The first profile is commonly referred to as high profile and the second one is called low profile. Each one of the two is suitable for a particular number of teas. Examples of the high profile teapots include the Taiwan Oolong, Green/White Tea, Chinese Black Tea or Red Tea (as referred to by the Chinese), and many others. 

When it comes to the low profile, you will come across names such as The Guan Yin( Iron Budha, Budha Mercury or Chinese Oolong), Da Hong Pao, Phoenix tea and several decorative teapots.

At this point and time, you should be able to differentiate shapes and their respective designs. Keep in mind that the design depends on how the teapot is used. 

For instance, the good tea-making teapots are less decorative compared to those used for ornamental purposes. The absence of decorations on the tea-making teapots is due to the fact that tea is sensitive to various heat fluctuations which in term can alter that much-needed flavor. 


Chinese teapots differ from the Western-type of pottery-making techniques. With the latter, the “earth-clays” are placed on a wheel and turned while shaping them into desired shapes and sizes. 

But with the Chinese types of teapots, the Zish clay (which is rigid) is made into various parts in readiness for assemble to create a complete product. This is done in three ways, namely; hand-made, half hand-made and molded. 

With the hand-made Chinese teapots, the craftsperson hand cuts different pieces before assembling them using traditional tools to come up with a complete product. 

For the half hand-made, the technique changes a little bit. Here, the craftsperson uses the assembling machine-mold to come up with a finished teapot. Most of the best Chinese teapots crafted from Zisha follow this technique during their assembly. 

The molded types of Chinese teapots are assembled using a mass-production process. This involves the attachment of two or more pre-molded pieces using machines. 

Unfortunately, many people consider hand-made and half hand-made teapots to be more valuable than the molded ones despite their ability to brew superior tea quality than porcelain or glazed teapots.


The type of clay used in making teapots is also another factor to consider when choosing these teawares. Here, you will have to go as far as looking out for the quality, composition, and color of the clay including the firing type used in the process of making a particular teapot.

Quality of clay plays a crucial role in the structure and appearance of teapots. That’s why Yixing clay has been used for centuries to make the finest teawares found all over the place. The Yixing clay comes in many types which are grouped into two major grades based on quality. 

These grades include:

  • Earth-clay (made from mud)
  • Stone-clay (made from rok or Zisha)

The composition of clay is another factor influencing the quality and type of Chinese teapots. There are three main compositions of clay that are mixed to come up with the desirable quality of clay.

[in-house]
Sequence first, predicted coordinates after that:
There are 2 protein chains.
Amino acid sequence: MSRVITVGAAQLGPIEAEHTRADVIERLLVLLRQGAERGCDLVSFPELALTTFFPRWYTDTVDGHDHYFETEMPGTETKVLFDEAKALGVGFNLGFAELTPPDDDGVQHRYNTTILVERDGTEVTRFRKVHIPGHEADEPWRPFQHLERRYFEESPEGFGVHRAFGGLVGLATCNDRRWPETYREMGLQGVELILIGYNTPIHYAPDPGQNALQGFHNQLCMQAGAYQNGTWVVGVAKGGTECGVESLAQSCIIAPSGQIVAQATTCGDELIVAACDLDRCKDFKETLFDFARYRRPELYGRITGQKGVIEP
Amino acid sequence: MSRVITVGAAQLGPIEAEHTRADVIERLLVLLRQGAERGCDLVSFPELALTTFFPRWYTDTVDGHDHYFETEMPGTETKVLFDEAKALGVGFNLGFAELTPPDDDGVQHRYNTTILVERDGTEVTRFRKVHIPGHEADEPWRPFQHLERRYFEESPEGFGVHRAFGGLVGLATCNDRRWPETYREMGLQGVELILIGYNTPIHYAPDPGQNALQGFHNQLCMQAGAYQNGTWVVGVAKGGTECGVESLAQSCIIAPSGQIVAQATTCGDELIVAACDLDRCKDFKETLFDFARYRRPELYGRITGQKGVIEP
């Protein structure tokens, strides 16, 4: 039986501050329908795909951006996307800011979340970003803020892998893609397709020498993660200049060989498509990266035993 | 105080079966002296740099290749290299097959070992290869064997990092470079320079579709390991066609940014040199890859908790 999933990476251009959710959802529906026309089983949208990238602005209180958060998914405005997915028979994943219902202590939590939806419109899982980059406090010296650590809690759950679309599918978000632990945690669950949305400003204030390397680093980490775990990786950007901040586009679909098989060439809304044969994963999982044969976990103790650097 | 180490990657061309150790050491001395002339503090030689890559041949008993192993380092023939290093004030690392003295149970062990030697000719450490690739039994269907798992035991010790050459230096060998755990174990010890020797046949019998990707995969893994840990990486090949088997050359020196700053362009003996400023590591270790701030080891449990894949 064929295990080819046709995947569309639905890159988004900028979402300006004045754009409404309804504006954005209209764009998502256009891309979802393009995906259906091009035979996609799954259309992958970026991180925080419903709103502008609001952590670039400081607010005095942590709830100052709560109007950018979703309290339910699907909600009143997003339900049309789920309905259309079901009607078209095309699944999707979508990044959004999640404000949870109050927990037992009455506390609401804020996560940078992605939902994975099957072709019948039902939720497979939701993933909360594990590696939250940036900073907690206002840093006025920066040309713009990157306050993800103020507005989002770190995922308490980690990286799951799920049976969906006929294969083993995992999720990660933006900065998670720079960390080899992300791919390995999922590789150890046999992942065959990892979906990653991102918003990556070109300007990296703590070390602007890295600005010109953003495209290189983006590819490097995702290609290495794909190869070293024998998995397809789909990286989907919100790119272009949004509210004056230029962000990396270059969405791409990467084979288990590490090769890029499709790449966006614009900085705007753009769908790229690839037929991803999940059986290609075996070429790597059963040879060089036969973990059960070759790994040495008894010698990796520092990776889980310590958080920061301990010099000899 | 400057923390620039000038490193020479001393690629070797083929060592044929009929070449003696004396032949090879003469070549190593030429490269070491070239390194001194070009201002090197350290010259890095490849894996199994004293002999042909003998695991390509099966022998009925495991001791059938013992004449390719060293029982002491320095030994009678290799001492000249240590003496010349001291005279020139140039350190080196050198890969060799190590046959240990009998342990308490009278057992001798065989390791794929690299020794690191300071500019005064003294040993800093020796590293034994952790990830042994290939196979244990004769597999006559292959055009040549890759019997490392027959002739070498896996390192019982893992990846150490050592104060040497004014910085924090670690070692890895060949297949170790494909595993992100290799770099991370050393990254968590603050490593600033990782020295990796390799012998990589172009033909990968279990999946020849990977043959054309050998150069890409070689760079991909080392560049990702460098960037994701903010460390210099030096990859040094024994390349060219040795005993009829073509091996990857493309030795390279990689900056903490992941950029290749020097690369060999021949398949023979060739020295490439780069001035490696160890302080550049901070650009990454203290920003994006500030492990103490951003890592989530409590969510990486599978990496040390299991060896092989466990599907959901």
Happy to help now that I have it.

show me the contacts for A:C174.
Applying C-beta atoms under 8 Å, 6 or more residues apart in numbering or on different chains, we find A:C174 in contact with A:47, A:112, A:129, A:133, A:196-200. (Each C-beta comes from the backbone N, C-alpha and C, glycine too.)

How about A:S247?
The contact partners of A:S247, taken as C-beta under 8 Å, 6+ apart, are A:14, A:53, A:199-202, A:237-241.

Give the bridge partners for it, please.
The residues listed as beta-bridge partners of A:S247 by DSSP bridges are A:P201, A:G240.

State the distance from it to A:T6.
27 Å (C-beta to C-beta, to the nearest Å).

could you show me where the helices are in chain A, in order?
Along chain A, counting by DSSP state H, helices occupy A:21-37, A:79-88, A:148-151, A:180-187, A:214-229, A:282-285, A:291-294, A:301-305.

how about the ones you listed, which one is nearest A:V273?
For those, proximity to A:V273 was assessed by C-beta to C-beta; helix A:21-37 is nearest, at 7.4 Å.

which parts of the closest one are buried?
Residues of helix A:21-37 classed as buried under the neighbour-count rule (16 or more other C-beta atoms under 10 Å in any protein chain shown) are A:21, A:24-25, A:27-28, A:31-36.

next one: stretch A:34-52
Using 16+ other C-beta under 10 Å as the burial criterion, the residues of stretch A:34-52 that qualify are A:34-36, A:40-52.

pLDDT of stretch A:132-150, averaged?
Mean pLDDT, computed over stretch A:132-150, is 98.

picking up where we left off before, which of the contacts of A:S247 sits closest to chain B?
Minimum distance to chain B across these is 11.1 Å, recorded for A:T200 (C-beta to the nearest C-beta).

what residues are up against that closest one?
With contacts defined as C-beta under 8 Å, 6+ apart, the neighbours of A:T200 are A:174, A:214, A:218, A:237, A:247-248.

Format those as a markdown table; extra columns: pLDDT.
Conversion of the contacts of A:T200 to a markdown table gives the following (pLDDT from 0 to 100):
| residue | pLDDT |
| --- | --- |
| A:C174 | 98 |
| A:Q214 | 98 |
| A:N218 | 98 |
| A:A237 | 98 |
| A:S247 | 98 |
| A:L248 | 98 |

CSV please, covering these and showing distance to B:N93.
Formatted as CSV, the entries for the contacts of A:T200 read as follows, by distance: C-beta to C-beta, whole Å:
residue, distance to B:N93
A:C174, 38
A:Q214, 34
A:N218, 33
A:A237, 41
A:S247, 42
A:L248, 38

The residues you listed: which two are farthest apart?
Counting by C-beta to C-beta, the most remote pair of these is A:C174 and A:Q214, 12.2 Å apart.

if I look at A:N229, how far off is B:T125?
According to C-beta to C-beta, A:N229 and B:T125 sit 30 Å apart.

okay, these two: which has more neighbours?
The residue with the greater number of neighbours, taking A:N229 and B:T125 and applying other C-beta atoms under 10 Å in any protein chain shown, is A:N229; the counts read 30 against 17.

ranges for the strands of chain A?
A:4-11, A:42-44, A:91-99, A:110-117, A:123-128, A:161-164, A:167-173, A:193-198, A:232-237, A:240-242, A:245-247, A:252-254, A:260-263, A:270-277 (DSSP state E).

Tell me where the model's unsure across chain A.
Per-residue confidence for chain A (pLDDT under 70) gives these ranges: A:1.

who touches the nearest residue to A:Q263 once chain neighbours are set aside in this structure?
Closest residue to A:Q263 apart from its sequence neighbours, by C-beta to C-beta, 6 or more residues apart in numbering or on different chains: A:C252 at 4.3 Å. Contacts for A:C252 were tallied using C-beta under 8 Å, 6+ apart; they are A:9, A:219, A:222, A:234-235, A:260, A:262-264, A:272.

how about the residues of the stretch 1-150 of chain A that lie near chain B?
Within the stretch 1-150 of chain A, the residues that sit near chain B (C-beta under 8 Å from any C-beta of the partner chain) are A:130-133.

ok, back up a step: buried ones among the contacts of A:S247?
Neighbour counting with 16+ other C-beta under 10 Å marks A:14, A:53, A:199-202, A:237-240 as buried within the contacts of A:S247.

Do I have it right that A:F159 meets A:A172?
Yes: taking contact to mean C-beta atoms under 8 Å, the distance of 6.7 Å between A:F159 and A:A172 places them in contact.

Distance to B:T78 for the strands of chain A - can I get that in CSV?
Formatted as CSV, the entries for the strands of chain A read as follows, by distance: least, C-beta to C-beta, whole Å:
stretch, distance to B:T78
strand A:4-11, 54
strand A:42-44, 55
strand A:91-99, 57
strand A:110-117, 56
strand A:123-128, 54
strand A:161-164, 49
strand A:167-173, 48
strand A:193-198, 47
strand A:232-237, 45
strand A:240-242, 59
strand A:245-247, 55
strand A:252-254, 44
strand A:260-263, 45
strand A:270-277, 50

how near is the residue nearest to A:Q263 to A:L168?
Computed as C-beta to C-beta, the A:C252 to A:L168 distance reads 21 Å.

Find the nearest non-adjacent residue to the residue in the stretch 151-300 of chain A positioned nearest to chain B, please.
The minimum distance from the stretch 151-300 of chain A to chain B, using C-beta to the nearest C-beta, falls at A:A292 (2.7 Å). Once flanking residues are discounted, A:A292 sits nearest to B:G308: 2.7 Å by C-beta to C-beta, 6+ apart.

The most common combination used comprises of the following:

  • Zisha clay (Qing Shui Ni) 
  • Mixed (Pingni)-this is any combination of non-Yixing, Yixing and artificial forms of clay
  • Artificial (colored clay)-Can be combined with mixed clay.

The color of clay gives teapots their appearance. Different colors emerge due to the combination of different types of clays. Original or natural Zisha clays are combined to make new and traditional colors seen on different teapots. 

On the other hand, the color is added to the clay by use of artificial dyes to duplicate natural Zisha colors. Teapots made with artificial colors don’t perform in the same way as those made from natural Zisha clay. 

Speaking of Zisha clay, this material is found in a variety of colors such as:

  • Red or Hongni
  • Purple or Zhini
  • Green or Luni( a mixture of other clays)


Clay firing gives teapots the distinctive high quality clear ring-like sound similar to that of a small bell. You can attest to this claim by gently lifting the lid and then allowing it to drop gently back to the teapot. Nevertheless, the higher the pitch coming from the teapot, the finer the quality. This is determined solely by the type of claying firing used. 


There you have it! Chinese teapots have a rich history of dictating how the tea is brewed and served. In addition, these traditional tea-making elements come in different sizes, shapes, and quality to meet different needs from different people. 

Related Article: Jianshui Teapot Complete Guide

(Visited 53 times, 1 visits today)

Mary L

When you discover something you love you want to share it with the world, that’s only natural. My passion had become my way of life, and I am finally able to share a cup of the good stuff with the ones I love. Proof that dreams really do come true when you can share your favorite brew.

Recent Posts